One Hundred Modern Scottish Poets: With Biographical and Critical Notices

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125 ページ - Poetry is the record of the best and happiest moments of the happiest and best minds.
ii ページ - own exceeding great reward ; ' it has soothed my afflictions ; it has multiplied and refined my enjoyments ; it has endeared solitude ; and it has given me the habit of wishing to discover the good and the beautiful in all that meets and surrounds me.
xxxv ページ - They parted - ne'er to meet again! But never either found another To free the hollow heart from paining They stood aloof, the scars remaining, Like cliffs, which had been rent asunder; A dreary sea now flows between; But neither heat, nor frost, nor thunder, Shall wholly do away, I ween, The marks of that which once hath been.
xxxiii ページ - Poems was to choose incidents and situations from common life, and to relate or describe them, throughout, as far as was possible in a selection of language really used by men, and, at the same time, to throw over them a certain colouring of imagination, whereby ordinary things should be presented to the mind in an unusual aspect...
xxx ページ - Critics give themselves great labour to draw out what in the abstract constitutes the characters of a high quality of poetry. It is much better simply to have recourse to concrete examples; — to take specimens of poetry of the high, the very highest quality, and to say: The characters of a high quality of poetry are what is expressed there. They are far better recognised by being felt in the verse of the master, than by being perused in the prose of the critic.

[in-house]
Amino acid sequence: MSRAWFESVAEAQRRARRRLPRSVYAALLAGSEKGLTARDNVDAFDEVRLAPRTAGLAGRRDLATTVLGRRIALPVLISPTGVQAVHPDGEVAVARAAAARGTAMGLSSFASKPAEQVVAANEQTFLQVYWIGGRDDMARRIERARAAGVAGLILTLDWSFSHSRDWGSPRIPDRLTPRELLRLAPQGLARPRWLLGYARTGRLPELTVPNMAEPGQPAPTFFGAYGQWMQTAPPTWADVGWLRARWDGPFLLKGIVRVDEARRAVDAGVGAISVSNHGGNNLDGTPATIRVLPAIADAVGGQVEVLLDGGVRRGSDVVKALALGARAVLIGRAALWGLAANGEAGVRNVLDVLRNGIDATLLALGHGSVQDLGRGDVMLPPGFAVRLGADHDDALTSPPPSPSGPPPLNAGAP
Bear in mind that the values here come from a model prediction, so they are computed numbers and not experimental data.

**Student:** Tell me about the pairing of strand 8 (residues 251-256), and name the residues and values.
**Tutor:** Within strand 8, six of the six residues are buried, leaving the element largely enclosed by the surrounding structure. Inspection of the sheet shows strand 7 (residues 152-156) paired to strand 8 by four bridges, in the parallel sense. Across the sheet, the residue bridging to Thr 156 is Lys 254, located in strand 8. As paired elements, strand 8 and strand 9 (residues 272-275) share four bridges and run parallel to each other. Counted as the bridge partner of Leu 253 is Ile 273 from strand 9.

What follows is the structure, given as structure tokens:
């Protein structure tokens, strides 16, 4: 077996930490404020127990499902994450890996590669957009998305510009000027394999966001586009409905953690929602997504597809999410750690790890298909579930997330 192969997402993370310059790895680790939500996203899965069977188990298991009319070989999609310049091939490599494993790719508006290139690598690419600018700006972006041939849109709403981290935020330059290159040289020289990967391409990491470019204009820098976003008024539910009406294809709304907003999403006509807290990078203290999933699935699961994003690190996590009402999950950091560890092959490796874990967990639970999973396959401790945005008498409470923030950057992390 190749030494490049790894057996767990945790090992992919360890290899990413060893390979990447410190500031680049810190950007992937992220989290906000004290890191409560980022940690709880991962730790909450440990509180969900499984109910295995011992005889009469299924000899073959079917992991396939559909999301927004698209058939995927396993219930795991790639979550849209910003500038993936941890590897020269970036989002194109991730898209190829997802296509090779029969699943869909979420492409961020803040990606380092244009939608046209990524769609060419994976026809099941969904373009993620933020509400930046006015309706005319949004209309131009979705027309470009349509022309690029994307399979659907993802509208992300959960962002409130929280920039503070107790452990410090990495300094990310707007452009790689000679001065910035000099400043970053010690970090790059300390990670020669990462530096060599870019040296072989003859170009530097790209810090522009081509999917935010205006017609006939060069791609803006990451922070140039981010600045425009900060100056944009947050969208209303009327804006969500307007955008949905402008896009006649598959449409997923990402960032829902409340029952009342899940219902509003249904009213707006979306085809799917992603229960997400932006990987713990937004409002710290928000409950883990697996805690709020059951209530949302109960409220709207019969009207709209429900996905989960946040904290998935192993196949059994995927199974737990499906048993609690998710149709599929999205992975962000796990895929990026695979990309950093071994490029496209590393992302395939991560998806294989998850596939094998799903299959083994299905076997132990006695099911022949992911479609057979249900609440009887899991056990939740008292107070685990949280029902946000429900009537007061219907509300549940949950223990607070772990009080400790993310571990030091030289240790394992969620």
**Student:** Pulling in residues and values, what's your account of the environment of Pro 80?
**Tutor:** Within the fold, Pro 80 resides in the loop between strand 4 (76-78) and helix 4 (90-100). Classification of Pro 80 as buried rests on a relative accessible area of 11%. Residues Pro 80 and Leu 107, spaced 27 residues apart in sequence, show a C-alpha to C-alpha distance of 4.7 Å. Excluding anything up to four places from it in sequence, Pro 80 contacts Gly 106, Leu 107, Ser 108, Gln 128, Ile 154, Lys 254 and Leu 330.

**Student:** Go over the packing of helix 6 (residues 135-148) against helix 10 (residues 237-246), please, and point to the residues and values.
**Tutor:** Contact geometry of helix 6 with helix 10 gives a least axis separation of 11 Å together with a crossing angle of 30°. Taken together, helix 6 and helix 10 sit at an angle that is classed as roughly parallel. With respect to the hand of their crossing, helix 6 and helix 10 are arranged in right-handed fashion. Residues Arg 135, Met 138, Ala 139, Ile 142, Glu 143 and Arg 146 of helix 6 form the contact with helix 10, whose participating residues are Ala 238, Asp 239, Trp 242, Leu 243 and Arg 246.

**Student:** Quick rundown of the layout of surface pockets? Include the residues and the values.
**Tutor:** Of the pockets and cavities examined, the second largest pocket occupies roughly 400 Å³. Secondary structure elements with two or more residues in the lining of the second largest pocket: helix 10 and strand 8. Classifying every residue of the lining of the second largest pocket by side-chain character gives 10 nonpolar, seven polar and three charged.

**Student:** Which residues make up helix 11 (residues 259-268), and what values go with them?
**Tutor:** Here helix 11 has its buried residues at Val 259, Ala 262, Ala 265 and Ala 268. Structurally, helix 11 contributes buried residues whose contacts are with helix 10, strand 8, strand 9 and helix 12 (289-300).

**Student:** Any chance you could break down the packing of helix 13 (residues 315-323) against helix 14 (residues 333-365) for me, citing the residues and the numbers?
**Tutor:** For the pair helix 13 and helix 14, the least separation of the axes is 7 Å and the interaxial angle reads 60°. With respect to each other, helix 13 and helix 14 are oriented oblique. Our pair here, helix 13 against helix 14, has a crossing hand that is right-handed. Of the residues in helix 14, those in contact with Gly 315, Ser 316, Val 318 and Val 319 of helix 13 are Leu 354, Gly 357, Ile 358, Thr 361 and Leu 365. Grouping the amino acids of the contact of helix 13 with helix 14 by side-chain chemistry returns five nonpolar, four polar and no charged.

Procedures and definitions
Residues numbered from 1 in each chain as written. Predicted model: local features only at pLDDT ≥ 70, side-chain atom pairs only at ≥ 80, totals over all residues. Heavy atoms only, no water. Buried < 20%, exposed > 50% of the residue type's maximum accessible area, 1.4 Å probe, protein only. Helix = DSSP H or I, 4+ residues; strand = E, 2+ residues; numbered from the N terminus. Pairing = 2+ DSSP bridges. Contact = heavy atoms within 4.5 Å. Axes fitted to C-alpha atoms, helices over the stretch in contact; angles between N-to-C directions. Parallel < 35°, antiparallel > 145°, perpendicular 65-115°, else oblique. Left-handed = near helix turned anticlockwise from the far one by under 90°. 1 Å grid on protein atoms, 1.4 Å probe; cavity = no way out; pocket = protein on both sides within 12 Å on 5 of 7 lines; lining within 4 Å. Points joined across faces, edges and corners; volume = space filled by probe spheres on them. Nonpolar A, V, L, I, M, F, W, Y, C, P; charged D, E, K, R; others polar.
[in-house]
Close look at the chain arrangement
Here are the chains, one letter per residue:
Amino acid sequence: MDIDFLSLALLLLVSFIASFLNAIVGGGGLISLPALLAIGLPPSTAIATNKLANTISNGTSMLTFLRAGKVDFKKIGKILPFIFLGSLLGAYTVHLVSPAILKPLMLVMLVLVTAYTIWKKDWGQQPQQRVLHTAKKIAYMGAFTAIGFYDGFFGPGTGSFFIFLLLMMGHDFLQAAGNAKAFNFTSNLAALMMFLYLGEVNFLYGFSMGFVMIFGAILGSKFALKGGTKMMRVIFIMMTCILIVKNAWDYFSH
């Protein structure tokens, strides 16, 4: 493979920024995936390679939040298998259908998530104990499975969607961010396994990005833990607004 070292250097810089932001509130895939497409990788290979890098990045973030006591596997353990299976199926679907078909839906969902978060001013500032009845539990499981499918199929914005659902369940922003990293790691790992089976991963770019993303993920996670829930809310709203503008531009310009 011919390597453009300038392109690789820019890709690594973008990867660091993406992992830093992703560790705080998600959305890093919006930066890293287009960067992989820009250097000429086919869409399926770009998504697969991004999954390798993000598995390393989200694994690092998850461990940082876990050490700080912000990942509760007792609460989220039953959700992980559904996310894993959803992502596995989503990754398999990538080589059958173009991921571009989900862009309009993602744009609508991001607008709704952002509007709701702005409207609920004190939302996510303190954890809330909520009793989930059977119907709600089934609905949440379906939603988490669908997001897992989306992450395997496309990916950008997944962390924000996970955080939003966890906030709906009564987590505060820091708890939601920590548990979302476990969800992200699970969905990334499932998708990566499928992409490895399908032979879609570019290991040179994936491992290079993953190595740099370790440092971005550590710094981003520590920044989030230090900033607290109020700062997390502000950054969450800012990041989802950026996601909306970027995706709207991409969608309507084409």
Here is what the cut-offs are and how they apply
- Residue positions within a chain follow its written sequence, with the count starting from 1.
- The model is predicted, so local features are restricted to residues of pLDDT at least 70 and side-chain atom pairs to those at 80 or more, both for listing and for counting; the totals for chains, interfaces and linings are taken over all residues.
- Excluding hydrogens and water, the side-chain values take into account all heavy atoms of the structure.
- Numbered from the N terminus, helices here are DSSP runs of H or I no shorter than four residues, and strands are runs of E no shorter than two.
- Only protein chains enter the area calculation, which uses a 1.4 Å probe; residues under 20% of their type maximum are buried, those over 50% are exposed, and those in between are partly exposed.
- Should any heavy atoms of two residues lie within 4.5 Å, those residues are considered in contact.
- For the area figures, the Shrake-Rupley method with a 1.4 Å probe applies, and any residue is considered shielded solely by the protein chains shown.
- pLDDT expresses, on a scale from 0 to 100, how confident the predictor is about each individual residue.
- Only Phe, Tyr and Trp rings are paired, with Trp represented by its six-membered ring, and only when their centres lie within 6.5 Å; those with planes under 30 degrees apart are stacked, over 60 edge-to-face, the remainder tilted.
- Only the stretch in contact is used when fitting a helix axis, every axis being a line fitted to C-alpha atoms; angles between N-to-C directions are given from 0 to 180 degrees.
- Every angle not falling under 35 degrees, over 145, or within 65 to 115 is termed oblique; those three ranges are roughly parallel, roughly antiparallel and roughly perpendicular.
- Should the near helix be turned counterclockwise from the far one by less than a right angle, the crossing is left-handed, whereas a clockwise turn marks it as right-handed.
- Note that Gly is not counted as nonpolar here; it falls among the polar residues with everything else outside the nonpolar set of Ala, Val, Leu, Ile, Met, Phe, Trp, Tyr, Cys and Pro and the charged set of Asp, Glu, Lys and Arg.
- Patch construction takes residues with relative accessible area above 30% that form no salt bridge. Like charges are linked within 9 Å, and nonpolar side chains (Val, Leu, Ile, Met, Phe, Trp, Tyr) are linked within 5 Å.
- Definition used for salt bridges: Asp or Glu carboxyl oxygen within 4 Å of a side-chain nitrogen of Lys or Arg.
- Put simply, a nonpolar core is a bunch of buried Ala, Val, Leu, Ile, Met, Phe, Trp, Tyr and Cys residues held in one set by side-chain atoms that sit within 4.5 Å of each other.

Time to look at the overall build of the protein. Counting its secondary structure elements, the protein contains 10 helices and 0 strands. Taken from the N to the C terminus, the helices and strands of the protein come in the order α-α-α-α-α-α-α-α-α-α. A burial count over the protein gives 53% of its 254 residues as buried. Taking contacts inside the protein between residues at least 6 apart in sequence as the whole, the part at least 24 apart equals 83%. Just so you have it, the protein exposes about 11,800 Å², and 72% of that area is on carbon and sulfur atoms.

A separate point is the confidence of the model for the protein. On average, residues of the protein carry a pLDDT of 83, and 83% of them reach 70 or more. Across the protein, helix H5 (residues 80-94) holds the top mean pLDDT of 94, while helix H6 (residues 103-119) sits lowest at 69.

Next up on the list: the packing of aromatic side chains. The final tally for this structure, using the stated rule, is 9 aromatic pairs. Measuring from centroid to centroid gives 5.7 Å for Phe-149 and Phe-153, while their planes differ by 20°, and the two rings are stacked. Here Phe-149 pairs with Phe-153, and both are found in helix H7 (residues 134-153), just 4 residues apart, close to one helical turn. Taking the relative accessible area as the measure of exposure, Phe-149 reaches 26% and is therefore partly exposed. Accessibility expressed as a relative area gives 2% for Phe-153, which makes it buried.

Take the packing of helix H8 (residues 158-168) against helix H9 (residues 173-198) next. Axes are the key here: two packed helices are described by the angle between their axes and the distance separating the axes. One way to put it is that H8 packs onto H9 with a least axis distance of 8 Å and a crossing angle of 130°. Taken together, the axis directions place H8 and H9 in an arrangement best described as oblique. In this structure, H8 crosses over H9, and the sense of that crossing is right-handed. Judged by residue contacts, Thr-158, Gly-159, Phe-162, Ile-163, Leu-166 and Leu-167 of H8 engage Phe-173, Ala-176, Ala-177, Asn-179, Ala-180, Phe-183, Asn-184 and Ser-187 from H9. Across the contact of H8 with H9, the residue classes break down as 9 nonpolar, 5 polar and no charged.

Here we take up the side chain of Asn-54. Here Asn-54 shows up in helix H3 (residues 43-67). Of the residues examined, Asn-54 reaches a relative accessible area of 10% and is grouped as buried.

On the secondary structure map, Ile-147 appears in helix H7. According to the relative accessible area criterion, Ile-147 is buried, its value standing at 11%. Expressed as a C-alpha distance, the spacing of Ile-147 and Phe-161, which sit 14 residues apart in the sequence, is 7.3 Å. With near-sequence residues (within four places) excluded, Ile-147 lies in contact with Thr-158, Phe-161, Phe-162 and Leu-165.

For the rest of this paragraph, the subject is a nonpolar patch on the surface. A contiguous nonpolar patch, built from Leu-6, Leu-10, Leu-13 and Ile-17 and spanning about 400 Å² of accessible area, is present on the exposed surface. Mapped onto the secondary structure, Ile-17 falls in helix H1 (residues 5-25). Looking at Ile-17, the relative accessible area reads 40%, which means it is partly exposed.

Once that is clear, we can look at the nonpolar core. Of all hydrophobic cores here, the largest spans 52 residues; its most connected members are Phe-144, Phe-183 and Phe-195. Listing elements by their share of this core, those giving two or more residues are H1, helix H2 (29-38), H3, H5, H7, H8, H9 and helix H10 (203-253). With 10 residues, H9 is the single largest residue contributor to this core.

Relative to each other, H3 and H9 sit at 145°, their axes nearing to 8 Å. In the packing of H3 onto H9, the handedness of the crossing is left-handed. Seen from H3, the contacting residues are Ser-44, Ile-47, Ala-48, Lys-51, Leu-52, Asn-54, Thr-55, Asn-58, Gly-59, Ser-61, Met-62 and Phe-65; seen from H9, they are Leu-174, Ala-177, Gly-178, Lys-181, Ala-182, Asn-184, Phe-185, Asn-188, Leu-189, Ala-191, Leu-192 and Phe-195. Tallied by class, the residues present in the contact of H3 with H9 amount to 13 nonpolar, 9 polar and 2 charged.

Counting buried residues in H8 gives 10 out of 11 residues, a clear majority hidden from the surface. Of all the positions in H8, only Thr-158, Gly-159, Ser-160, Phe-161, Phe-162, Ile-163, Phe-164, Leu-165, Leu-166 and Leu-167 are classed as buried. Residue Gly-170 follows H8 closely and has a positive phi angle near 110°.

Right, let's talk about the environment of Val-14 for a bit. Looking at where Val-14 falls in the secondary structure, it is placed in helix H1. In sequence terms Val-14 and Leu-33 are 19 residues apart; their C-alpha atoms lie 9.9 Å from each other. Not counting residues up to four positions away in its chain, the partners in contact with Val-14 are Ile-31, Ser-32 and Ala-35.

xxix ページ - Indeed there can be no more useful help for discovering what poetry belongs to the class of the truly excellent, and can 265 therefore do us most good, than to have always in one's mind lines and expressions of the great masters, and to apply them as a touchstone to other poetry. Of course we are not to require this other poetry to resemble them; it may be very dissimilar.
80 ページ - Light be the turf on the breast of the Heaveninspired poet who composed this glorious fragment ! There is more of the fire of native genius in it, than in half a dozen of modern English Bacchanalians. Now I am on my hobby-horse, I cannot help inserting two other old stanzas, which please me mightily. Go fetch to me a pint o...
xxiii ページ - Its great tendency and purpose is, to carry the mind beyond and above the beaten, dusty, weary walks of ordinary life; to lift it into a purer element, and to breathe into it more profound and generous emotion.
lvi ページ - O'er grovelling generations past Upstood the Doric fane at last ; And countless hearts on countless years Had wasted thoughts, and hopes, and fears, Rude laughter and unmeaning tears, Ere England Shakespeare saw, or Rome The pure perfection of her dome. Others, I doubt not, if not we, The issue of our toils shall see ; Young children gather as their own The harvest that the dead had sown. The dead forgotten and unknown.
xxiii ページ - It reveals to us the loveliness of nature, brings back the freshness of youthful feeling, revives the relish of simple pleasures, keeps unquenched the enthusiasm which warmed the spring-time of our being, refines youthful love, strengthens our interest in human nature by vivid delineations of its tenderest and loftiest feelings...

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